Comfort and Quality

As expected, the driver's seat positions you high enough to see the road without feeling like you have an over-sized trailer in tow and a deadline to drop it off. The seats are firm but don't wear you down during a daily commute, and every essential button and knob is easily within reach. Being a truck, there are a lot of hard surfaces in the 2013 Toyota Tacoma, but nothing feels overly cheap or out of place. There are some richer feeling materials found inside, including a steering wheel and shifter wrapped in leather. The dashboard is accented with a metallic tone trim and in case you spill your soda, the seats are water resistant. The optional floor mats make further clean up easy as they're made of rubber.

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How it Drives

It may be classified as a midsize pickup truck, but the 2013 Toyota Tacoma rides just like its big brother, the Tundra. It's stiff at lower speeds but is comfortable when cruising down the freeway. As mentioned above, a wide body doesn't instill much confidence in a tightly-packed parking lot but it only takes a little practice before you really get your spacing down. The Bilstein shocks almost steal the show for the 2013 Toyota Tacoma with Baja trimmings as this system enables you to fly over dips in the road without facing a sever recoil. Then there's the 4.0-liter V-6 engine, rated at 236 horsepower, and five-speed automatic transmission. This drivetrain was quiet and worked harmoniously together during the Tacoma's stay with us and without being overly powerful; it was still adequate on the daily commute.

Summary

There's not much to pick from in the midsize pickup truck's current state, but it doesn't matter. The 2013 Toyota Tacoma would still stick out in the segment even if Ford, Ram, and Chevy were competing. Chevrolet is already hard at work again on a new iteration of its midsize truck offerings in the form of the Chevrolet Colorado and GMC Canyon but we still expect the Toyota Tacoma to give both a run for their respective money. The Nissan Frontier is respectable in its own right as well, but at this time, we'd still opt to go with the Toyota Tacoma. As it stands now, with the all of the additional Baja goodies, the Toyota Tacoma is as close to being ready to go off road from the factory as possible. That off-road capability combined with the ability to easily live with it on a day-to-day basis makes the 2013 Toyota Tacoma our choice in the midsize pickup truck segment.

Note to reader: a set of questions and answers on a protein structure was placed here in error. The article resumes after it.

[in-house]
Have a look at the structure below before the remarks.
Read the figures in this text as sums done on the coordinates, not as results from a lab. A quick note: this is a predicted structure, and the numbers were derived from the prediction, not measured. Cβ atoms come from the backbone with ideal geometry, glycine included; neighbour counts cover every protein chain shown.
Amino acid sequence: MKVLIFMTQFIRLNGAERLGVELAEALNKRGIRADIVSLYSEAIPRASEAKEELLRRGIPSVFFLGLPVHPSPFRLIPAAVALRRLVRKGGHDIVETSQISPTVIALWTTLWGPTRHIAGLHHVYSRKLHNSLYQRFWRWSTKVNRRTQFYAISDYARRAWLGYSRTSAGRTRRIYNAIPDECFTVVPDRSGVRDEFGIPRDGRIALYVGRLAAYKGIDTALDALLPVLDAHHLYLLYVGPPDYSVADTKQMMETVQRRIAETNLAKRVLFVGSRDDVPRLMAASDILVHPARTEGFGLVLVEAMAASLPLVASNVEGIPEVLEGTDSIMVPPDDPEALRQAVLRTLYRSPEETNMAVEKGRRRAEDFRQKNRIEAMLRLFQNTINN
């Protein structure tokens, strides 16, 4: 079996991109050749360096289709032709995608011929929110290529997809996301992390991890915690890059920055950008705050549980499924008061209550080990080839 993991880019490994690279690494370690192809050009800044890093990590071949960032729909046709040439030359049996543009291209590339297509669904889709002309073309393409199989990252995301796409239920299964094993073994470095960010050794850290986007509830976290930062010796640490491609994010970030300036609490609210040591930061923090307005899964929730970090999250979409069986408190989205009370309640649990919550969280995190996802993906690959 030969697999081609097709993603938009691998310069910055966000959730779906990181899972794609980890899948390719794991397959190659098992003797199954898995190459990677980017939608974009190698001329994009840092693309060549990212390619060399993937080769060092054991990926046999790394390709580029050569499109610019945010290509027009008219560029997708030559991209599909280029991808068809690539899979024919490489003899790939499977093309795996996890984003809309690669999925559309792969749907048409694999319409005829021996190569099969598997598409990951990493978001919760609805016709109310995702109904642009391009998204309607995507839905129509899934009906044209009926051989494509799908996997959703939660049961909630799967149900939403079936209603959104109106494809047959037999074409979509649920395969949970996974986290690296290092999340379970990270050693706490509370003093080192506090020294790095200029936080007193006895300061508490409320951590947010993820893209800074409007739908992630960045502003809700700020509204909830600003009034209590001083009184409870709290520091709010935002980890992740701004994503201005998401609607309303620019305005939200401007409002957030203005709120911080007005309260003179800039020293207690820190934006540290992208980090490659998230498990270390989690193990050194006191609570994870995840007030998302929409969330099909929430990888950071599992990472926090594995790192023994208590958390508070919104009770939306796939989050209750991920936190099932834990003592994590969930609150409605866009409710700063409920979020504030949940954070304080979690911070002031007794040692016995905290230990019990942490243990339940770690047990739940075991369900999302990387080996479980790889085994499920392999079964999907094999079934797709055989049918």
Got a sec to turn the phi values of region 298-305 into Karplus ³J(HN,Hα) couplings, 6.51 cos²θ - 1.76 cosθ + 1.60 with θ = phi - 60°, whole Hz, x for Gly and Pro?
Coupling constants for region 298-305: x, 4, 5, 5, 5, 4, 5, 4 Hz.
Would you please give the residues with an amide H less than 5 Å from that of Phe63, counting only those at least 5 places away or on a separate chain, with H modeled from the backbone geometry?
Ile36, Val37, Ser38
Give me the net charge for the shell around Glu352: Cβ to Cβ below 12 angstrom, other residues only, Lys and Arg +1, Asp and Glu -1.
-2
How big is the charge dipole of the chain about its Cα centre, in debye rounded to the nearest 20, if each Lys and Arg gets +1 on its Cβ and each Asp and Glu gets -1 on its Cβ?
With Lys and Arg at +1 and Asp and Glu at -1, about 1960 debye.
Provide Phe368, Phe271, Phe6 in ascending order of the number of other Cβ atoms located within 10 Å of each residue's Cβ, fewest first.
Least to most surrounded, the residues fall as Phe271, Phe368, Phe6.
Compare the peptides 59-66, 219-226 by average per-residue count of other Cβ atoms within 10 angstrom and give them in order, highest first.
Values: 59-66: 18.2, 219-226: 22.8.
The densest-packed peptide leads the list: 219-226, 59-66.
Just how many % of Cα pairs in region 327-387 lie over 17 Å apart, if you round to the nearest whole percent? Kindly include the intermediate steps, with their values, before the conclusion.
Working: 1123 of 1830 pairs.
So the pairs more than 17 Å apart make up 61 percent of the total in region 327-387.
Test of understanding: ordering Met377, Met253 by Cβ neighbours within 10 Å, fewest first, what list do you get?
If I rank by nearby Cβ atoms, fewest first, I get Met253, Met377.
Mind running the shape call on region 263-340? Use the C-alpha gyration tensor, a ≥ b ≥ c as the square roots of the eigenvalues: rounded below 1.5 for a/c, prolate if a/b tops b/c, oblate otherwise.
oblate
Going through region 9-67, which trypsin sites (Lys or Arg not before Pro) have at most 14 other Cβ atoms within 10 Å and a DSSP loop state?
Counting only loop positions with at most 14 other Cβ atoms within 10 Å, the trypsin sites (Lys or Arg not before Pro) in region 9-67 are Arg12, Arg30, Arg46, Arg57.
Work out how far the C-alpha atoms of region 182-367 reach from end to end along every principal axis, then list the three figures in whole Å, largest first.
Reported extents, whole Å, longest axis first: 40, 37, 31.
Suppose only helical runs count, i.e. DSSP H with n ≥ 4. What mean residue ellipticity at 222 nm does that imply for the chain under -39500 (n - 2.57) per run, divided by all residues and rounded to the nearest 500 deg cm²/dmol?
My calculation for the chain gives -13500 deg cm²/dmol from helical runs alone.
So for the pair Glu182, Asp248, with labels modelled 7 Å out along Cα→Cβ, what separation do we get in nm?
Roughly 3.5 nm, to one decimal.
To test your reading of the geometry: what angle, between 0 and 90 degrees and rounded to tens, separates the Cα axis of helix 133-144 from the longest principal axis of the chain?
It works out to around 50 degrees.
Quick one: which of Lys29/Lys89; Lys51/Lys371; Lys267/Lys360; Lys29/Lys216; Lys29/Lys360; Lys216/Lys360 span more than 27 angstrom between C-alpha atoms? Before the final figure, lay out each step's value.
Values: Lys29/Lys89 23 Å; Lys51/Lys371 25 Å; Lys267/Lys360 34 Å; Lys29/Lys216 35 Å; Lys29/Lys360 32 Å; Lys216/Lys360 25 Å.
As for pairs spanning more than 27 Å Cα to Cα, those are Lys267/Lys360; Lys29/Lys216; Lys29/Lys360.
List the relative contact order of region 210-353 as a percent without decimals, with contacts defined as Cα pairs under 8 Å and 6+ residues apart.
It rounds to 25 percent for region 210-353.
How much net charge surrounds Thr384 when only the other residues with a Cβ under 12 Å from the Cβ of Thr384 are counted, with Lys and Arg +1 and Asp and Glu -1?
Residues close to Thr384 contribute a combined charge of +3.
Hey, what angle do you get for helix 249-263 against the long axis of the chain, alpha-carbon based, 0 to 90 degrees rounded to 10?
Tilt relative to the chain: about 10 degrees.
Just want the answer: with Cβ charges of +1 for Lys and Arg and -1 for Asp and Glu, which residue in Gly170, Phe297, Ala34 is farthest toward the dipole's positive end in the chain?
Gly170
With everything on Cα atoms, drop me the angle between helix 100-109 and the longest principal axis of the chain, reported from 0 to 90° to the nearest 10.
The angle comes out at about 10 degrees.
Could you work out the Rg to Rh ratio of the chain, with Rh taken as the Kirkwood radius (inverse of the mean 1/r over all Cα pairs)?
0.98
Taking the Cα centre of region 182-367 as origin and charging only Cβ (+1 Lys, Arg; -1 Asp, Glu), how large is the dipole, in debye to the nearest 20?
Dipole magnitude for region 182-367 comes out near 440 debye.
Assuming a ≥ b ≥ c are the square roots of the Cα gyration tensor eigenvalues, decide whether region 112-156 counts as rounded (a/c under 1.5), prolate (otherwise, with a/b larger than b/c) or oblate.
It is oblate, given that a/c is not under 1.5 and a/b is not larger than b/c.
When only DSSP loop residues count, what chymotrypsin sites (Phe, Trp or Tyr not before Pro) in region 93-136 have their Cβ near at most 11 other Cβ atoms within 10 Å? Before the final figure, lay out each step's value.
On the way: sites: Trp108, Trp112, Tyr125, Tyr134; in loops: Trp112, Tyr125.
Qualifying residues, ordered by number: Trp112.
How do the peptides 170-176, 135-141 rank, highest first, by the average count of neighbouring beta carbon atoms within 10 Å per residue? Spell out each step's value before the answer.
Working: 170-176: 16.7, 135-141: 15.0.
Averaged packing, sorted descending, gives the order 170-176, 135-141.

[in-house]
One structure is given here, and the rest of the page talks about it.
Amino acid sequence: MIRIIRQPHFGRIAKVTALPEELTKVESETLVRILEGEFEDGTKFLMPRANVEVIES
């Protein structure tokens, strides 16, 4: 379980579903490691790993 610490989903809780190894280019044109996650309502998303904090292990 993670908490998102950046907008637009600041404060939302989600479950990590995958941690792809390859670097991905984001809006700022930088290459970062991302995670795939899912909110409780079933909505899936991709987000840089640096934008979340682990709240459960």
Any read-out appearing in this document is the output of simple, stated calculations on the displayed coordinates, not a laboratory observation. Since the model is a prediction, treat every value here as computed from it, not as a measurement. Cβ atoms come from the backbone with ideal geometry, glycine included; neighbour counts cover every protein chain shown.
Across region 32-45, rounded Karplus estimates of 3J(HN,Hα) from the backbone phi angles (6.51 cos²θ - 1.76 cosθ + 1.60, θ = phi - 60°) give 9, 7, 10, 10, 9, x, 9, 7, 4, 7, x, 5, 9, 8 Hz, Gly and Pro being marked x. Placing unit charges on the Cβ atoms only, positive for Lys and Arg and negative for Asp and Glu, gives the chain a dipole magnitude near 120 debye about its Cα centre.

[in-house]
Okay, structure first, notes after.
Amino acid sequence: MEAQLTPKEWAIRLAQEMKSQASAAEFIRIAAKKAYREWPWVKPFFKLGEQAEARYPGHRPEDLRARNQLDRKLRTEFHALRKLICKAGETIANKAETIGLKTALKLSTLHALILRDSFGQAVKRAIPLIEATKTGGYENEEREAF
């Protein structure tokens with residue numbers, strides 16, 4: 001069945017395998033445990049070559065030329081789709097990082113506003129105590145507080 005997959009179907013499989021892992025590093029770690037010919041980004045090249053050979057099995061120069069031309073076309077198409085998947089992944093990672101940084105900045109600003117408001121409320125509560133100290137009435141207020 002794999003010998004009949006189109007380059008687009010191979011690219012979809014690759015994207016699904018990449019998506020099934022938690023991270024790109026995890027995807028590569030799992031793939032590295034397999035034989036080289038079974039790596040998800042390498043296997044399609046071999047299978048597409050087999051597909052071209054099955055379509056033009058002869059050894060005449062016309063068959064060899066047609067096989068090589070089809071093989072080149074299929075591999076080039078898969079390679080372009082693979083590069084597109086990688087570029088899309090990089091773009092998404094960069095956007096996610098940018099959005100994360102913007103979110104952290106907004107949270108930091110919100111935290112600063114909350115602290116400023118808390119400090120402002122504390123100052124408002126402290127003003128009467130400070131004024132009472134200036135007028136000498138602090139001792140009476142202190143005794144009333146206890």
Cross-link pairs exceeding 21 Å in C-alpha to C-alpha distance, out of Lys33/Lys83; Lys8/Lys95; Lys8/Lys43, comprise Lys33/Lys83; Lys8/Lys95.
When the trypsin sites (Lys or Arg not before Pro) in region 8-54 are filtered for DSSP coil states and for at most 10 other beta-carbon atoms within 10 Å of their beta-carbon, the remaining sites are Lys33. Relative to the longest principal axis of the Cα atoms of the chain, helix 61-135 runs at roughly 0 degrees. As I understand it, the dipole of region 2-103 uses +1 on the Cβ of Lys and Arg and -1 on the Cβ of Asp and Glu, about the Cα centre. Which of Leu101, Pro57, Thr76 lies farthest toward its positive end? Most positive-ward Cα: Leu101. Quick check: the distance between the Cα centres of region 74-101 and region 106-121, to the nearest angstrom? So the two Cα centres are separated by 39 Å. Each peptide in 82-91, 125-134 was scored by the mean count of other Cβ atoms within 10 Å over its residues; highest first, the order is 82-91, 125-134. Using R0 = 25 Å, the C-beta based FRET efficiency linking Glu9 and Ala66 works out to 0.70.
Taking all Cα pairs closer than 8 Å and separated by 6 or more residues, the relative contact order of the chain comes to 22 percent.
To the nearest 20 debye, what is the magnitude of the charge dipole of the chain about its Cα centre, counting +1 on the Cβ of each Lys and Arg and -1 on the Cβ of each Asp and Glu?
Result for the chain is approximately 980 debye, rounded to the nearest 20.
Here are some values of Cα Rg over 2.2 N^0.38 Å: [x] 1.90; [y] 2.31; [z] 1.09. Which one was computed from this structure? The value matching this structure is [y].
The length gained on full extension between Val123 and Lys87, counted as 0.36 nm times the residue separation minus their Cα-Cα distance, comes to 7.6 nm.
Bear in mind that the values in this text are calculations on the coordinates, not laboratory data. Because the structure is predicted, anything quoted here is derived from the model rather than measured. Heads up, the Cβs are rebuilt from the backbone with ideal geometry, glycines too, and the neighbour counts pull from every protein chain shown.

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Spec Box

Price-as-tested: $39,150
Fuel Economy
EPA City: 16 mpg
EPA Highway: 21 mpg
EPA Combined: 18 mpg
Cargo Space: 25 "grocery bags"
Child Seat Fitment, Second Row: Excellent
Child Seat Fitment, Third Row (if applicable): Not Applicable
Estimated Combined Range: 379.8 miles
Intellichoice Cost of Ownership: Excellent

Notebook Quotes

"The steering feels loose and a little slow but this thing has a crazy small turning circle for its size. However, the TRD exhaust system produces a resonant flatulence that follows you everywhere. With just the right throttle you can almost completely mute it. Almost." -Keith Buglewicz, News Director